Has Anyone Built a Car This Way?

I mean, with an engine designed to be cheap, and run for about 50,000 miles. at this point, you would remove it and put a new one in. the engine would be made of cheap stamped metal (no cast block), and be ultralight. It would be made in such a way that no repairs would be needed for its 50 K mile lifespan. The money you would save from repairs/maintenance would be a plus, and you would always have a "next to new’ car. The engine would be designed so that it could be simply unbolted and lifted out, an engine swap would take 30 minutes.
Did anyone ever build such a car?

Yeah, it was called the Yugo*!* :smiley:

Seriously, automobiles are very complex devices throughout, and they subject the human body to seriously dangerous situations. There is a minimum level of complexity and durability that must be maintained. Plus you cannot make an internal combustion engine out of stamped metal nor can you design one with that specific a lifetime. If 50% of them lasted the 50K miles the other 25% would go 70K and the last 25% only 30K.

Again, like the Yugo, a cheap car is going to be junk its entire lifetime.

Crosley built a car with a stamped sheet metal engine in the 40s. I don’t think cars generally lasted 50k miles then, though.

YUP! - See here :smiley: The problem was that returning GIs and new families wanted a Big, Quality, Showy car rather than a small cheap efficient one.

I’ve seen pictures of a 1930’s milk/delivery truck that had a slide-out “power module” in the back much like the drivetrain of a 1960s Volkswagen only with a 4 cylinder flathead. Modules could be exchanged for repair to keep the truck in service. I’ve seen design exercises (Porsche?) of an “updatable” car with easily changed body panels and major parts. These provisions seem expensive would only appeal to a few enthusiasts.

The hard part is you can’t design durability this precisely, it depends on maintenance, useage, environment, etc. Performance generally declines, a engine won’t simply stop working, so you’d have a lot of unhappy customers willing to keep driving worn-out engines but unwilling to buy another of your brand. Also it’s easier and cheaper to design a little better quality that to add the cost of quick change and easy service features.

It sounds like you’re describing an air-cooled Volkswagen. You would still have to do maintenance every 10,000 miles though (IIRC), but the engine can be swapped in far less than 30 minutes.

Thinking about it, people have made hydraulic lifters and electronic ignitions for these. Apart from oil changes, these might extend the time to scheduled maintenance to 50,000 miles.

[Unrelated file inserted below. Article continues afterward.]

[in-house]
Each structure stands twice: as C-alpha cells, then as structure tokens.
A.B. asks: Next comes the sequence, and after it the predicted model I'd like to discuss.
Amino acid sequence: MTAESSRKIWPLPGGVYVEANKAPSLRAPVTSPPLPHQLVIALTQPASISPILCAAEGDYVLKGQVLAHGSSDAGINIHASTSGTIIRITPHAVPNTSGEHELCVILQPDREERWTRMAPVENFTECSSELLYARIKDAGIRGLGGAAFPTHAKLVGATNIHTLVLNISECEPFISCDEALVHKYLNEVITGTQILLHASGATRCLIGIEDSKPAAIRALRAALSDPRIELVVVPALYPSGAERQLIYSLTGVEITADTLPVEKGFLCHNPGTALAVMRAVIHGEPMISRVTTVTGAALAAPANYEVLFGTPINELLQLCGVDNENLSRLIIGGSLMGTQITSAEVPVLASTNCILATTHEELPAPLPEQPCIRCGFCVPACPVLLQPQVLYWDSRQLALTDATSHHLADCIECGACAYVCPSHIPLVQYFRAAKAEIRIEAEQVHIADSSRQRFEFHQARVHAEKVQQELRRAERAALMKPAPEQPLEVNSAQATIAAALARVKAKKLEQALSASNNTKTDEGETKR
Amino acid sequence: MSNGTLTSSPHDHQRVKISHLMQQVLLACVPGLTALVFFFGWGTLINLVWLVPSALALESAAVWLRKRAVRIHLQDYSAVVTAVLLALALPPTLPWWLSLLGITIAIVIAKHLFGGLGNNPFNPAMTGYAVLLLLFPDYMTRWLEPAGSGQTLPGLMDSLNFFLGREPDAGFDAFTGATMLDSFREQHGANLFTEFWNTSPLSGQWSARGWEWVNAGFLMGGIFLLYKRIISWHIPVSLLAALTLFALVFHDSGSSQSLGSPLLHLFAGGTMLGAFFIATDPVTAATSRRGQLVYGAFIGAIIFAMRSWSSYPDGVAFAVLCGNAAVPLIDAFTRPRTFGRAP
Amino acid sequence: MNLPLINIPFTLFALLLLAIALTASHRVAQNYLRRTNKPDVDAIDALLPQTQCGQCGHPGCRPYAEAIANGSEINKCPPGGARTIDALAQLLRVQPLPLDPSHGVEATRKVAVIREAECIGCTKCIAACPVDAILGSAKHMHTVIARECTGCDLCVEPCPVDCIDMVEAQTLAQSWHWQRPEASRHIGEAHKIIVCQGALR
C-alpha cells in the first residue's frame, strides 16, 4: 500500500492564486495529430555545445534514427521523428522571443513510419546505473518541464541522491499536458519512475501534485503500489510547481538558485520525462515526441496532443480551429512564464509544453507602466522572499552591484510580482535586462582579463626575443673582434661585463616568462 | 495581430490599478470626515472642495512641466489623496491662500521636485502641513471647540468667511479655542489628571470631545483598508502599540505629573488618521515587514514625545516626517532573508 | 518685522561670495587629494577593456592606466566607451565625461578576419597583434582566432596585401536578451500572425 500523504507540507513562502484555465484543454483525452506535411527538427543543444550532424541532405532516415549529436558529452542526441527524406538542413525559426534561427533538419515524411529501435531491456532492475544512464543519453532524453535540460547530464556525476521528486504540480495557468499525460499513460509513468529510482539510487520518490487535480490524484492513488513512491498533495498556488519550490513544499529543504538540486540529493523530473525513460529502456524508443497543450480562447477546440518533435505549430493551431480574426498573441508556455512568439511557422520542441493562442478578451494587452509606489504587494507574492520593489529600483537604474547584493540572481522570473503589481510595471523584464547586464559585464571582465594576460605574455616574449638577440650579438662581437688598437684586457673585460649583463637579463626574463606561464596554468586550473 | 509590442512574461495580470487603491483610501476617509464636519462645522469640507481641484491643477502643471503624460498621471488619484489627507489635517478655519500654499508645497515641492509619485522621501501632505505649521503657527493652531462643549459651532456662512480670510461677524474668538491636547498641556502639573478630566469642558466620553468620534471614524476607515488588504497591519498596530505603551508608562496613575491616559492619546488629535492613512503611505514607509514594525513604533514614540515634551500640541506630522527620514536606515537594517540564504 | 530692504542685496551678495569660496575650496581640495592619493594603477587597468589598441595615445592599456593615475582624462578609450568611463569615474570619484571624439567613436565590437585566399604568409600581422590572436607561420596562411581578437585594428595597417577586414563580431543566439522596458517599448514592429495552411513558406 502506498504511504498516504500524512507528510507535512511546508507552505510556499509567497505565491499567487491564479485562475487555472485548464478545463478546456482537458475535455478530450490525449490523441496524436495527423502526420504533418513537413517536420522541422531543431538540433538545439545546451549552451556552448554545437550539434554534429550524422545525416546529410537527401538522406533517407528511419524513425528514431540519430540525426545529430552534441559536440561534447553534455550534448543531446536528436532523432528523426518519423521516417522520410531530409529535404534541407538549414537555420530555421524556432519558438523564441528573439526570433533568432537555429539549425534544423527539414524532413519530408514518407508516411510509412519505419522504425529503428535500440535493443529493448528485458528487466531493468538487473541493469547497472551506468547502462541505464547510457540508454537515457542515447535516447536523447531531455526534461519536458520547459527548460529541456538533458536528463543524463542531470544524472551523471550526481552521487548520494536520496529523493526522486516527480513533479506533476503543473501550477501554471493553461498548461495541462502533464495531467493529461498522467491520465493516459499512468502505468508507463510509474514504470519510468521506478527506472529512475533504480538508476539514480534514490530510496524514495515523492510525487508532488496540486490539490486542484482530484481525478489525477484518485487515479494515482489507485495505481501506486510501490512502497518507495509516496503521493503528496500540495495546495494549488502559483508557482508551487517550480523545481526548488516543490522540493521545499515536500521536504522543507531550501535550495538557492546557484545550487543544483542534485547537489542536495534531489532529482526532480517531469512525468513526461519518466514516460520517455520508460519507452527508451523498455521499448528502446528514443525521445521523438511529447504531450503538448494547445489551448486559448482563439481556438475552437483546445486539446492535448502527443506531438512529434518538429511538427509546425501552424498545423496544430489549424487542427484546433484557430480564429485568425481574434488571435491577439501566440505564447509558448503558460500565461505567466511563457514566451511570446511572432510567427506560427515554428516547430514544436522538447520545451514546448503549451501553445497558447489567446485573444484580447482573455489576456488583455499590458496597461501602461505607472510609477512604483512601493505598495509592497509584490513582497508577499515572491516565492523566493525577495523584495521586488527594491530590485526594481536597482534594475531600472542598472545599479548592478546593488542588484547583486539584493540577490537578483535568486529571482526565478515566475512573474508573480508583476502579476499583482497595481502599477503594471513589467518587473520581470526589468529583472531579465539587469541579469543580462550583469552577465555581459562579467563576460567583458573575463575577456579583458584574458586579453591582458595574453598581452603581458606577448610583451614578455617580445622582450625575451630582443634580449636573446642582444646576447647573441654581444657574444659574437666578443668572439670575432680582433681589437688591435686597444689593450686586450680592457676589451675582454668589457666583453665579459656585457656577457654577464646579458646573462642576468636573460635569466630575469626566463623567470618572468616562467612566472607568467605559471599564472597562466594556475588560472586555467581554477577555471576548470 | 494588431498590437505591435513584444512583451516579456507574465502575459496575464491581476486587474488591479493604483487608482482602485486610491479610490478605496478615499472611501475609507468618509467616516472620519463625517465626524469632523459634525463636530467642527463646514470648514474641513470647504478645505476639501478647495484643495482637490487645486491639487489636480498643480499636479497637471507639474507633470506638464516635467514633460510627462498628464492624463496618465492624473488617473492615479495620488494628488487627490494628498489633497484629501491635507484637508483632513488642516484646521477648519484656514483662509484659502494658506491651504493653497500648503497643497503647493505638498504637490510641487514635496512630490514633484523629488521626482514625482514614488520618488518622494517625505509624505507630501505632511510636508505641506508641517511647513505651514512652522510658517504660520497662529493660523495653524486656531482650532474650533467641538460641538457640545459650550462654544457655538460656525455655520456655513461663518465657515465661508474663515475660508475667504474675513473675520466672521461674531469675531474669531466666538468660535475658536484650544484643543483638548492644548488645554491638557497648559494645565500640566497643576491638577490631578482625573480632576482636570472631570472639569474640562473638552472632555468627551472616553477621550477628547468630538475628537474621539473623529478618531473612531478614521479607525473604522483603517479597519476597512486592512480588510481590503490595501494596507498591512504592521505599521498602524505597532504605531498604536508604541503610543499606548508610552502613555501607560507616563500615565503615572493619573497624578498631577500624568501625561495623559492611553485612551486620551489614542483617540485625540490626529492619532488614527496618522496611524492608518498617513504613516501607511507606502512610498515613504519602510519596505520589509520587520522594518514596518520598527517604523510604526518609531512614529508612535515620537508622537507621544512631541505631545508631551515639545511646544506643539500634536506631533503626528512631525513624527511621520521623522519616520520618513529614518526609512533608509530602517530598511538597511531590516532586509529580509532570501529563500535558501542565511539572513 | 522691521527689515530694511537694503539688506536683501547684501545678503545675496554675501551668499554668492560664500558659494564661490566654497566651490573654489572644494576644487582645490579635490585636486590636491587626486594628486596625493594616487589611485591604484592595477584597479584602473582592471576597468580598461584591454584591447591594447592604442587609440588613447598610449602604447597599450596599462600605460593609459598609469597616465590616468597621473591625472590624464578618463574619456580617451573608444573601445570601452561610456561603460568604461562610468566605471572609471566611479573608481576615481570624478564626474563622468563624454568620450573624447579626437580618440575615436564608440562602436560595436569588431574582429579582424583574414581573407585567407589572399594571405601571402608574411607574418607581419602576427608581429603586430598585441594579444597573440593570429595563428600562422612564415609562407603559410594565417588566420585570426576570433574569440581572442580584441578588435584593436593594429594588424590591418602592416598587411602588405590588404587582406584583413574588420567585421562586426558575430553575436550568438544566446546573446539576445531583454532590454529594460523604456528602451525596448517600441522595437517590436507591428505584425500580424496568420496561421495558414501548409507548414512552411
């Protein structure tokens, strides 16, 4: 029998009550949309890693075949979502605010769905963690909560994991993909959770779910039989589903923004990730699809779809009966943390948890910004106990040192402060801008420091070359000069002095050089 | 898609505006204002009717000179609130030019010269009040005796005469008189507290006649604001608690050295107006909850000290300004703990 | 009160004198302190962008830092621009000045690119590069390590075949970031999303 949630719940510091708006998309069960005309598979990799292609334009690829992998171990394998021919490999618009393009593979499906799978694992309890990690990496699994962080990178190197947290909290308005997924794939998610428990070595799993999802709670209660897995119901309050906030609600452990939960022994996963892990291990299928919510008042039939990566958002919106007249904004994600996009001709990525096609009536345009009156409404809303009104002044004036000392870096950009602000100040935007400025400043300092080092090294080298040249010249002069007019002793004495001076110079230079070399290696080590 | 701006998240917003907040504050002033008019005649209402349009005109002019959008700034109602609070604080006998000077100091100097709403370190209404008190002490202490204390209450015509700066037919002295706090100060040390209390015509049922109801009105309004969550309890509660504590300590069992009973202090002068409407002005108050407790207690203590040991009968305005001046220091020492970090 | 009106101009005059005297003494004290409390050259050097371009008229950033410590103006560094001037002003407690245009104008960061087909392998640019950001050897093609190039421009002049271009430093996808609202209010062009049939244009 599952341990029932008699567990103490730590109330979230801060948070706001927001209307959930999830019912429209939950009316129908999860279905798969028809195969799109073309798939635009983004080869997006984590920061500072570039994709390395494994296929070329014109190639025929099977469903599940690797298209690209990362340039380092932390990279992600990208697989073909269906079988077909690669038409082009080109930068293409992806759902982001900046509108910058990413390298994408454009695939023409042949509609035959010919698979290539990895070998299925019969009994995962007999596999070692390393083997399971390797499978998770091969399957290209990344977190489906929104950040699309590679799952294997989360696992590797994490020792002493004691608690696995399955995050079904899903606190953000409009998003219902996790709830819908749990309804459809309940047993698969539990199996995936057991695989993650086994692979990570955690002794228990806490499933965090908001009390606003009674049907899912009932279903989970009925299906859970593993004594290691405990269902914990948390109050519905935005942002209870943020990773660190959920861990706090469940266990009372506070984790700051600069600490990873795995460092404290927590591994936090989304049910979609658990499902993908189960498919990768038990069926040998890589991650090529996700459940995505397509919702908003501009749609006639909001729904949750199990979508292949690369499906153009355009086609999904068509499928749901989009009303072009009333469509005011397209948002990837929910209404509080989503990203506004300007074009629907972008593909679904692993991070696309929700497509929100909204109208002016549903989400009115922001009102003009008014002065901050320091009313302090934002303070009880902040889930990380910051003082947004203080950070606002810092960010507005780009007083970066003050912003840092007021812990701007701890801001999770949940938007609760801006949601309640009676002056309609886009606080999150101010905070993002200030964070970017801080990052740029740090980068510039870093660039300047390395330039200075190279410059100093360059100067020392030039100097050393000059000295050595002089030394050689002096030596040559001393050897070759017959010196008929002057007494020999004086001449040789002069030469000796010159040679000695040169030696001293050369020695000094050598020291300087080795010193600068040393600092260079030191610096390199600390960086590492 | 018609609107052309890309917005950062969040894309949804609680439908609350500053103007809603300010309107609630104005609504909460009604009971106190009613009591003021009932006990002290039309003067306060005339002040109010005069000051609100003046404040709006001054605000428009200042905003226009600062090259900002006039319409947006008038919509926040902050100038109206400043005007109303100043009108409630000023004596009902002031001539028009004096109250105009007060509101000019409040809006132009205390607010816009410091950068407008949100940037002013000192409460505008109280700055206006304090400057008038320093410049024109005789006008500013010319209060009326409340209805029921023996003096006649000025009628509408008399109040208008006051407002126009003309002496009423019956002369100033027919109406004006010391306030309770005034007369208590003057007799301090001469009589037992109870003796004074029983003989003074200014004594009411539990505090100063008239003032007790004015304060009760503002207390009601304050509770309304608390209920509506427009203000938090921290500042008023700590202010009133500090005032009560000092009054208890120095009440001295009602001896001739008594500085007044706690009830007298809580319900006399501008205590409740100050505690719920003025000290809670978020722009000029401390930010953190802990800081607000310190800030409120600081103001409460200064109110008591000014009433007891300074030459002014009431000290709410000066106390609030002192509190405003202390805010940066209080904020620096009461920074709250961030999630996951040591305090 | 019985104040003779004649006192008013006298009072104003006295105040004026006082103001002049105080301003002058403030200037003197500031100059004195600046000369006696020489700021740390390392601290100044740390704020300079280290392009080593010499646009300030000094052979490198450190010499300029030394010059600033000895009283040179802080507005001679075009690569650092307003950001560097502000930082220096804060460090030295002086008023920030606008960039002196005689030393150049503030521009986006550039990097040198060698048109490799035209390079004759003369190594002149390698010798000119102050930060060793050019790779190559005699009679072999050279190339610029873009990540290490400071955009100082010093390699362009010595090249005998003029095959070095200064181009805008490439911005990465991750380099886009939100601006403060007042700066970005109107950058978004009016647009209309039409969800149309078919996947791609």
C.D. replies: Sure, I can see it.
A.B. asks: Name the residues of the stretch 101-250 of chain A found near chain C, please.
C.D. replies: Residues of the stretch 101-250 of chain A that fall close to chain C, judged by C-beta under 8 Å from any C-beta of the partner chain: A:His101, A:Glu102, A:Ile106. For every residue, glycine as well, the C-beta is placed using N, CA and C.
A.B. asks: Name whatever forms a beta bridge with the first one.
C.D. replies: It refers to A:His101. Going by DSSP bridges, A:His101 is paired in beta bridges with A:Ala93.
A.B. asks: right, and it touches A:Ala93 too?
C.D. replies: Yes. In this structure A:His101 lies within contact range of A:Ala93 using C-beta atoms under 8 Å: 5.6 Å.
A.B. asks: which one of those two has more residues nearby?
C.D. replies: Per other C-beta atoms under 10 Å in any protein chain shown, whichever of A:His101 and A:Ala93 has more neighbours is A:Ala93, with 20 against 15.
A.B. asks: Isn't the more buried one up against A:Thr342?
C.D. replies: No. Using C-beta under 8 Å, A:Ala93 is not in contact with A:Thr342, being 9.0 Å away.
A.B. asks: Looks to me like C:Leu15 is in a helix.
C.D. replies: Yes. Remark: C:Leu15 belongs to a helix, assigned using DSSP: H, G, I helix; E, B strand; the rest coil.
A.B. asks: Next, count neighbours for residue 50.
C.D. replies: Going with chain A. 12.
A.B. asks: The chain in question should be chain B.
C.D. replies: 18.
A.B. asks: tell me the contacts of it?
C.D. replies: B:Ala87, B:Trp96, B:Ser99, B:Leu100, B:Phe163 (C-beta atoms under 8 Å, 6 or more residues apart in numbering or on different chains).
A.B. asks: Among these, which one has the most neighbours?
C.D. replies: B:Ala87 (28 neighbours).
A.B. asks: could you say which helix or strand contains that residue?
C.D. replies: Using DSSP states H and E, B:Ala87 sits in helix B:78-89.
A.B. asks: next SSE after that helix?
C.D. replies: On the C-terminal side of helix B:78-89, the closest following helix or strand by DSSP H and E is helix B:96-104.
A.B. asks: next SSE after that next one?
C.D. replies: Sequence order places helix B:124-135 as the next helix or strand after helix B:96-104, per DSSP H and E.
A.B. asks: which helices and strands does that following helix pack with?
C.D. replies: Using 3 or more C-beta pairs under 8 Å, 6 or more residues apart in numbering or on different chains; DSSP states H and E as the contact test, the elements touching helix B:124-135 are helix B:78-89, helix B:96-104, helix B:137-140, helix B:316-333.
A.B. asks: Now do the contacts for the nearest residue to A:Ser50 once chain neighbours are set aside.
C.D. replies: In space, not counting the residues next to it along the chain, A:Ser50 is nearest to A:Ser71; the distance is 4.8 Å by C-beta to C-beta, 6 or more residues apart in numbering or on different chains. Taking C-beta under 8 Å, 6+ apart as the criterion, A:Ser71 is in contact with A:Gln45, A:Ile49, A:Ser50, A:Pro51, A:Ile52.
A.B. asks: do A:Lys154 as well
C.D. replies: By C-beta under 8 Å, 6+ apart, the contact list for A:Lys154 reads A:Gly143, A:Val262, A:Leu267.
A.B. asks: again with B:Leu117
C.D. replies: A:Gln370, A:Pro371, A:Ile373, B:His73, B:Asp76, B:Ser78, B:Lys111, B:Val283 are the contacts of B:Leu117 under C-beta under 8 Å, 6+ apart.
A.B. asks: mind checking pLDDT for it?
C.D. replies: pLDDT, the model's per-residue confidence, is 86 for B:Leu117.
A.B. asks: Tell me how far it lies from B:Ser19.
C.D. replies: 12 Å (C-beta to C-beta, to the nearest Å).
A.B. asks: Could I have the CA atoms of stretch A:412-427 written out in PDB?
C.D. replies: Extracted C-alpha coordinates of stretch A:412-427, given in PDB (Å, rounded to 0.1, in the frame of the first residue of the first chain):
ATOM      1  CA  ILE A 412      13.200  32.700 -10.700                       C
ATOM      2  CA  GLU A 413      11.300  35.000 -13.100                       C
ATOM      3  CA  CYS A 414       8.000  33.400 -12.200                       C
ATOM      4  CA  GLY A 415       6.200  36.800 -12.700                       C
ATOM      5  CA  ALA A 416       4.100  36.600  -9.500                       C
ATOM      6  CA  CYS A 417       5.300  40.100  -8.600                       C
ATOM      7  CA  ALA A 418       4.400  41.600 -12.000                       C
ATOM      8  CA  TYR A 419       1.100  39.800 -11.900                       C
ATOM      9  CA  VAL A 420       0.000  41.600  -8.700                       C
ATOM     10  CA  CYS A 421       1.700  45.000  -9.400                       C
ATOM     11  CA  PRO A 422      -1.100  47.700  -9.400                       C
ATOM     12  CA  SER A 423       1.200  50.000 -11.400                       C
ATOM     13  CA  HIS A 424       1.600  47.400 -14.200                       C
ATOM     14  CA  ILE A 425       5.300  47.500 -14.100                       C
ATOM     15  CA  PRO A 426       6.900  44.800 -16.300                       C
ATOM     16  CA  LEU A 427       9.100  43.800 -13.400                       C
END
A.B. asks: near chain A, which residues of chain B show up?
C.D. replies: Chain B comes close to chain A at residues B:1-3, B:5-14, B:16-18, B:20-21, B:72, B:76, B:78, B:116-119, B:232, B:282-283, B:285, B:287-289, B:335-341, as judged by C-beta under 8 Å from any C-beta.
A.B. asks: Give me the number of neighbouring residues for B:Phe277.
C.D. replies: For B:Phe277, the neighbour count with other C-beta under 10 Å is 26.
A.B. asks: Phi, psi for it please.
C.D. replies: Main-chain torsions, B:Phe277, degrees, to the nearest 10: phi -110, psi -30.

The idea of a swappable engine is very old. J. Walter Christie was using one in 1909.

making the engine out of stamped metal wouldn’t really be all that cheap; you’d still need the metal to be thick enough not to distort under physical load and thermal expansion, and still would require more or less the same kinds of finish machining as a cast block e.g. for the cylinders, deck, cam/main bearings, etc. plus the cylinder head(s) would still have to be cast anyway.

considering how labor intensive it would be to make such a thing, I actually wouldn’t be surprised if sand casting an iron block was considerably cheaper.

Hmmmm not really. Even if your engine idea could work, the cars interior and exterior would age. Cars with 50-100k miles don’t appear or smell new.

I saw an unrecognizable car on the road a few weeks back. Had never seen one before, and I didn’t know what it was. I searched online, to no avail.

Thanks to your post steronz I was able to determine that it was a 1948 Crosley Woody Station Wagon, like this: http://cdn.barrett-jackson.com/staging/carlist/items/Fullsize/Cars/93569/93569_Rear_3-4_Web.jpg

Anyway thanks for that and I don’t want to hijack the thread.

You are very much not recalling correctly. The factory-recommended oil change intervals were 3,000 for normal service and 1,500 for cold weather or city driving, and you had to do a valve adjustment at least every other oil change.

Certainly back in the hippie days, people would buy VW’s, not maintain them well, and wind up routinely replacing the engine. That definitely wasn’t how they were designed to be operated, though, and rather defeated the purpose of driving the economical little bugs. With good routine maintenance, a VW engine would last pretty close to 100,000 miles.